3. Porsche

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It's been a rough year in Stuttgart. First, they tried to take Nissan to task by stating that their GT-R's Nürburgring time was doctored, and that Porsche's own race drivers could only achieve 7:54 with the Japanese supercar - about twenty seconds slower than both a 911 Turbo and a 911 GT2. Nissan responded by suggesting that Porsche just put down the GT-R before they hurt themselves, and take some driving lessons:

We are aware that several automakers have purchased the GT-R for their own testing and evaluation. We would welcome the opportunity to help any auto manufacturer with understanding the full capabilities of the GT-R.

Then Nissan went back to the 'Ring and ran the same lap a second time. Sorry Porsche, it's true. The GT-R is faster. Deal with it. You just look like jackasses now.

As if that was enough to put Porsche in the doghouse this year, there's this "thing" they've just revealed, called the Panamera. It makes the Porsche Cayenne look like an Alfa Romeo 8C Competizione.

This answer to the question nobody asked is apparently supposed to compete with Aston Martin's forthcoming Rapide four door and the Lamborghini Estoque, but honestly, who is going to buy this Uggosaurs? And if the looks don't kill it, the price tag will. Get your act together Porsche, you're slippin'.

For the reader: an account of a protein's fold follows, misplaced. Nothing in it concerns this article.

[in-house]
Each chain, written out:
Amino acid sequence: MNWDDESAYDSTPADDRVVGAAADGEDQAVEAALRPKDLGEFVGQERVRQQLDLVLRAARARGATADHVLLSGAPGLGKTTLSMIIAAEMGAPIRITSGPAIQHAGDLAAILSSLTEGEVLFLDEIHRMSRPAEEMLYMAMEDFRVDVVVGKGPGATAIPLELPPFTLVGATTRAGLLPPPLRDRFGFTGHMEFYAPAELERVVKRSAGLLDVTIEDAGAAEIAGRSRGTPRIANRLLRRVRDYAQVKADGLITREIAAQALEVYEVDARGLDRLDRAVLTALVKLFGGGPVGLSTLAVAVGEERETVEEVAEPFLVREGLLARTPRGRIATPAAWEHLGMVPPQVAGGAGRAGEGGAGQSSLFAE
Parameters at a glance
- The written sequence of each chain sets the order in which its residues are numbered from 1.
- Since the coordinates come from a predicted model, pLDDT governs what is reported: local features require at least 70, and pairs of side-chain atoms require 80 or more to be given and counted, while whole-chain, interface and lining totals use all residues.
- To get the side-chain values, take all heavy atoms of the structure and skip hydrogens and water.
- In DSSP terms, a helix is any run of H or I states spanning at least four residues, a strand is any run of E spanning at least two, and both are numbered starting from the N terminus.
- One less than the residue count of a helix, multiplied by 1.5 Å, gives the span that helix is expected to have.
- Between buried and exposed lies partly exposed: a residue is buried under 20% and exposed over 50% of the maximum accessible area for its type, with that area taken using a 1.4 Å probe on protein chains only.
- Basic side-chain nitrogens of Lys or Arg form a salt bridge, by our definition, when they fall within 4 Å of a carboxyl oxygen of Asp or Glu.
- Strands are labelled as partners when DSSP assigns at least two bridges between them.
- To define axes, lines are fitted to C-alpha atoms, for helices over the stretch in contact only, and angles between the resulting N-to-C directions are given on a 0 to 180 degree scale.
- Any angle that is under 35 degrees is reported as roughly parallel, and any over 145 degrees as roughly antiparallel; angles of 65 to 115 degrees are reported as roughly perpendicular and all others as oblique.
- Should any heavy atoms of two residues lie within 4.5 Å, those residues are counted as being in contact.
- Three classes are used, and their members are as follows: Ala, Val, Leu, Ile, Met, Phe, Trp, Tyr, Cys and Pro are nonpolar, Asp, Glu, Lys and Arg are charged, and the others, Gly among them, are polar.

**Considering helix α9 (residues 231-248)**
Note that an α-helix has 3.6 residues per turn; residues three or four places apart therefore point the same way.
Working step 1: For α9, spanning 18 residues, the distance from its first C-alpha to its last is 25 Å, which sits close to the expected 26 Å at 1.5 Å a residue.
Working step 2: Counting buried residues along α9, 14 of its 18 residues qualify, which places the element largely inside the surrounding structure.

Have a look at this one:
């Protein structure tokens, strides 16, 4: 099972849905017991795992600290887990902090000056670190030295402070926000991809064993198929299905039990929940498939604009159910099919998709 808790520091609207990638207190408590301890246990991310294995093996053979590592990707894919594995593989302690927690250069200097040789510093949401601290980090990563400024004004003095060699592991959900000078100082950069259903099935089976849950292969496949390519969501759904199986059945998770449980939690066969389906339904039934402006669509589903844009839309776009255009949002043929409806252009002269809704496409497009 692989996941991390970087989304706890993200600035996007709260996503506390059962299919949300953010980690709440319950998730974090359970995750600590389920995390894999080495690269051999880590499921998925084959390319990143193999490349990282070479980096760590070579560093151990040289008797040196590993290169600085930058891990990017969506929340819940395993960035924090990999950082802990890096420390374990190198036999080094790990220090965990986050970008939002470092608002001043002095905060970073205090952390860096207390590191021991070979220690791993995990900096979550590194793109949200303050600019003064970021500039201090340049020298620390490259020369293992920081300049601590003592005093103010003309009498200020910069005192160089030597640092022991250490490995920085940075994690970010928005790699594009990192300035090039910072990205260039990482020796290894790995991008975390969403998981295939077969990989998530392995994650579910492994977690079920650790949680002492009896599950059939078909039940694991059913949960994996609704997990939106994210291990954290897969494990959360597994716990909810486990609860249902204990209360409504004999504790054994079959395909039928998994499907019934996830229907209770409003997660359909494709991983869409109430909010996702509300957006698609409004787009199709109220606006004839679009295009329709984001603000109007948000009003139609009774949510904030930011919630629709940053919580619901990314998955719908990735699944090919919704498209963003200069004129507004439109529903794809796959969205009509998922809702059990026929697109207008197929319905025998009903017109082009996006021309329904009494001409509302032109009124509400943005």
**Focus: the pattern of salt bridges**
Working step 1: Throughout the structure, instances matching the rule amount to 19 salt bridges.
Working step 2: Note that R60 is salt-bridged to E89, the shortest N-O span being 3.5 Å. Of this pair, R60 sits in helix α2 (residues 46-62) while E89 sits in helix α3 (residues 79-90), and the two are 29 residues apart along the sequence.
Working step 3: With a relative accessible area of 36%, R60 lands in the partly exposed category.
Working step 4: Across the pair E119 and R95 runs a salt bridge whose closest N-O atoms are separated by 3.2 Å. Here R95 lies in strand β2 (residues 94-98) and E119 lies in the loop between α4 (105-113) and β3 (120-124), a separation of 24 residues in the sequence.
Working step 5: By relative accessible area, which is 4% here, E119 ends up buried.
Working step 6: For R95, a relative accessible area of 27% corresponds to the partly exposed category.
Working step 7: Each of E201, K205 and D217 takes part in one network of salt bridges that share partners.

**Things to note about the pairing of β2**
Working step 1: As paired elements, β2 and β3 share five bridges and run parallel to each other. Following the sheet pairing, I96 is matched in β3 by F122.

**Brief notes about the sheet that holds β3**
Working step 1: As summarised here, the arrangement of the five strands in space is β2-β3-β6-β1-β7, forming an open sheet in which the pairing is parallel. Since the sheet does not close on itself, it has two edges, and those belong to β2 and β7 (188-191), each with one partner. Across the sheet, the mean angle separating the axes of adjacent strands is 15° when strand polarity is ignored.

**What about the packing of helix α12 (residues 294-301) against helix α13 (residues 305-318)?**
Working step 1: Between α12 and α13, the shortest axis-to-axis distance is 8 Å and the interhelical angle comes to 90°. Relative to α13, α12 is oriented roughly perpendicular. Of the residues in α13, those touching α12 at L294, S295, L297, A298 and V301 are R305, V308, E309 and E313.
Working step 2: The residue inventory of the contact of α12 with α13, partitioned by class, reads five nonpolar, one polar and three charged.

2. Full Sized Trucks and SUVs

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When the nation went into full scale panic mode over the gas prices this summer, some big names were bound to fall. The Ford F150, the best selling vehicle in any class for the last seventeen years was dethroned by the onslaught of small cars - namely the Toyota Corolla, the Camry, and the Honda Civic.

As gas prices have been on a steady decline since the summer, truck and truck-based SUV sales have rebounded slightly, but the gears have already been set in motion. People are still reeling from five-dollar-a-gallon gas, and activists, politicians, and pundits have jumped on the chance to appear hip with their newfound concern for the environment and fuel efficiency. This time last year, the an Escalade was still a sought-after vehicle. Now people are pining for the Chevrolet Volt instead.